Alicia Morgans: Fantastic. And it sounds like this is actually in combination with salvage radiation to the pelvis, right? And so, I think it's wonderful that you're opening up to patients who are PET-negative because if it's really the case that the average PSA is 0.3 versus 0.5, we know that we want to actually give our salvage radiation at a lower PSA than 0.5 whenever possible. So, if the median's 0.5, that means that a fair number of patients are going to be over that. We have a much greater likelihood of curing those patients with the PSA that's closer to a median of 0.3 and hopefully even lower. So, I think it's pragmatic. It will help, hopefully, with feasibility and enrollment, but also may help to cure more of these patients. So, really important work that you're doing.

As you think about this metastasis-free survival endpoint by PSMA-PET, I would love to hear your thoughts on how we can judge that when we have some patients who have a PSMA-PET that's going to be positive at baseline, some will get metastasis-directed therapy, some may not, and then a PSMA-PET that's negative at baseline. And how do we use that information and then actually judge progression by a PSMA-PET at the time of potential metastasis? And I know this is a challenging question, but you are a urologist always up for the challenge. So, tell me about that, please.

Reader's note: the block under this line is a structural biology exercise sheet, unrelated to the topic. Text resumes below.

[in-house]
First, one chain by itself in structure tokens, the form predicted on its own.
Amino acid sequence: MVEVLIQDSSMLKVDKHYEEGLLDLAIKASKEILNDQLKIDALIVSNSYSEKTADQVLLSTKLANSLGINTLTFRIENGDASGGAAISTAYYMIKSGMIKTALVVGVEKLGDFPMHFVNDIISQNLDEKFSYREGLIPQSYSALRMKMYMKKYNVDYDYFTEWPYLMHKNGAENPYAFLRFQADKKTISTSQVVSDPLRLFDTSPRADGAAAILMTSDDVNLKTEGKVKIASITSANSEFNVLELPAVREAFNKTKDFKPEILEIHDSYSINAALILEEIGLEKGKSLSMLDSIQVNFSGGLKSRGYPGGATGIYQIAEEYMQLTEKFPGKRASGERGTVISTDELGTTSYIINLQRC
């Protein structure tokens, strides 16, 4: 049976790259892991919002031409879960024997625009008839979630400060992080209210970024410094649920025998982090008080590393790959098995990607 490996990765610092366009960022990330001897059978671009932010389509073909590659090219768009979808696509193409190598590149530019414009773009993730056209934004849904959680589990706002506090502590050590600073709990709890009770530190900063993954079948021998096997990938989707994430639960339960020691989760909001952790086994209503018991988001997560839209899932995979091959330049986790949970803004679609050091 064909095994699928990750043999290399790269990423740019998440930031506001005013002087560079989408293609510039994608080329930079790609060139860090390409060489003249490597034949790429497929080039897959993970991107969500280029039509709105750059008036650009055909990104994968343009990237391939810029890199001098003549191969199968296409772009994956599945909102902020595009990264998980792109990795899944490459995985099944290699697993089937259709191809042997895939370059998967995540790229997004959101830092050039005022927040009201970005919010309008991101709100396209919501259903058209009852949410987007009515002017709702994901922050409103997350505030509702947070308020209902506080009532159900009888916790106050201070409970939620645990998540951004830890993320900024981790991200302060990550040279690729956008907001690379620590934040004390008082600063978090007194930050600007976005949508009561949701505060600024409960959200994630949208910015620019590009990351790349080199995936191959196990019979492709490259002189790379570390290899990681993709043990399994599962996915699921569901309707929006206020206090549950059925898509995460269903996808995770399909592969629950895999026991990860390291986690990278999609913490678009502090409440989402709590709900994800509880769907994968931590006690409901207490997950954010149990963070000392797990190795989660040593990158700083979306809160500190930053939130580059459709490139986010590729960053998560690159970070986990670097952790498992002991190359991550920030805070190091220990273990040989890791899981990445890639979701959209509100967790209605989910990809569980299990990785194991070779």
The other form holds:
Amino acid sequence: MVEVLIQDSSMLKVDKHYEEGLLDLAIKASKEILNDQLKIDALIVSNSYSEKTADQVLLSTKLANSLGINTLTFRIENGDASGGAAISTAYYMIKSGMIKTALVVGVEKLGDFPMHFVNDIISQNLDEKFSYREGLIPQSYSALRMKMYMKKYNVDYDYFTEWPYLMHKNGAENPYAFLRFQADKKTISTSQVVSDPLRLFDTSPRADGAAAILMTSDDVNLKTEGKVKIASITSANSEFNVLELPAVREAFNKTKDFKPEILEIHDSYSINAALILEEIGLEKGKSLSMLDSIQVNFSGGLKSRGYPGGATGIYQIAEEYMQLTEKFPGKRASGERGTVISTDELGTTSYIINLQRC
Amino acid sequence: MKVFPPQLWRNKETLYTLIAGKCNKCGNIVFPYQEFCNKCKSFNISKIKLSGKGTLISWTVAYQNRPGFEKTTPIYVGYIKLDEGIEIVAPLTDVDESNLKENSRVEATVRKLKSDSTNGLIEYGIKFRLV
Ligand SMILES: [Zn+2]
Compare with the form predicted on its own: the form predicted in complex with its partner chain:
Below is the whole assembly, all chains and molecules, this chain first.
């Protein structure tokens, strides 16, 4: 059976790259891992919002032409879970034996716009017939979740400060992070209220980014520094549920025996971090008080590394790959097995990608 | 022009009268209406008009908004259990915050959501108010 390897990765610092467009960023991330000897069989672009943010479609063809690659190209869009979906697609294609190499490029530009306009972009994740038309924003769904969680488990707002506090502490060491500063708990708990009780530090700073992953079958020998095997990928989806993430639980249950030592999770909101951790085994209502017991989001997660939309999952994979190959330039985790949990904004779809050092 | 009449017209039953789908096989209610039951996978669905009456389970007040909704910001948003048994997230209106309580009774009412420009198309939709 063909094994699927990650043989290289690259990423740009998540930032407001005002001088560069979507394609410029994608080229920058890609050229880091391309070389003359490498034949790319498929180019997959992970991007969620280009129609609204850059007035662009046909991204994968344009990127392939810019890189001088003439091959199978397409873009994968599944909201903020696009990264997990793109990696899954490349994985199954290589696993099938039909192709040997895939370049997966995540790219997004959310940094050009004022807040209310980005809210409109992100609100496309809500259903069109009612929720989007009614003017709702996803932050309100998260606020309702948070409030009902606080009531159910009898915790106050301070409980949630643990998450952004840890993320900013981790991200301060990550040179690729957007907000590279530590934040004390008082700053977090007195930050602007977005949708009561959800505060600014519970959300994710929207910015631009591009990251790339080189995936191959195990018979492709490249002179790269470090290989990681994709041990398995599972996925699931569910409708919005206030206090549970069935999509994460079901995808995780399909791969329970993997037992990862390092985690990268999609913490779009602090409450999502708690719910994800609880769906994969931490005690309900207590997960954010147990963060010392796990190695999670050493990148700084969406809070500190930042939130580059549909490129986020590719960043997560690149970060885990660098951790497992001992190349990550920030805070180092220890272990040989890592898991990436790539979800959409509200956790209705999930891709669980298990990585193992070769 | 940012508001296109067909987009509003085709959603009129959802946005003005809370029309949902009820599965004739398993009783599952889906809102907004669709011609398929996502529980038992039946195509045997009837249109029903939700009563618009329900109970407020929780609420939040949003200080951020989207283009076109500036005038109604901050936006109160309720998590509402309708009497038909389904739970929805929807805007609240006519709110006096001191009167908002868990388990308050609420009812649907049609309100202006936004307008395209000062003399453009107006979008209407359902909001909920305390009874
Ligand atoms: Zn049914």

Boris Hadaschik: Yeah, thank you for the really excellent question, which is not perfectly easy to answer, but there are a couple of points that I want to stress. So, the first thing, it is good that we have a baseline PET. So, we have a baseline PET, and then we repeat PET imaging throughout the trial within the context of the trial, and so we can gather a lot of information. And we have expert readers to look at the PET scans, and you also have to use the same tracer every time so that there is little variation. So, your concern is certainly valid: there are some patients that might be PSMA-negative despite having metastasis on conventional imaging at some point in time. But the amount of hormone-sensitive prostate cancer that is primarily PSMA-negative is like 5% to 10% max. So, this is a reasonably low number of patients. This is point one.

Then the other point is that we know where we did SBRT. So because SBRT is, you have to stratify for it in the beginning. So, the investigator has to say, "If there is something distant, I will do SBRT or not." But in our here-and-now baseline characteristics, we saw only 10% of men with disc metastases in the PSMA-positive fraction. So this, again, is a relatively low known number. And the main challenge of the trial is that there are no really established criteria to define PSMA-PET progression. So, it is something that the prostate cancer working group criteria are now discussing. But I believe they will not come up with a clear-cut suggestion because there's no data yet. They will just suggest what to collect. And in fact, we right now have ongoing a global consensus to try to define a clinically applicable model.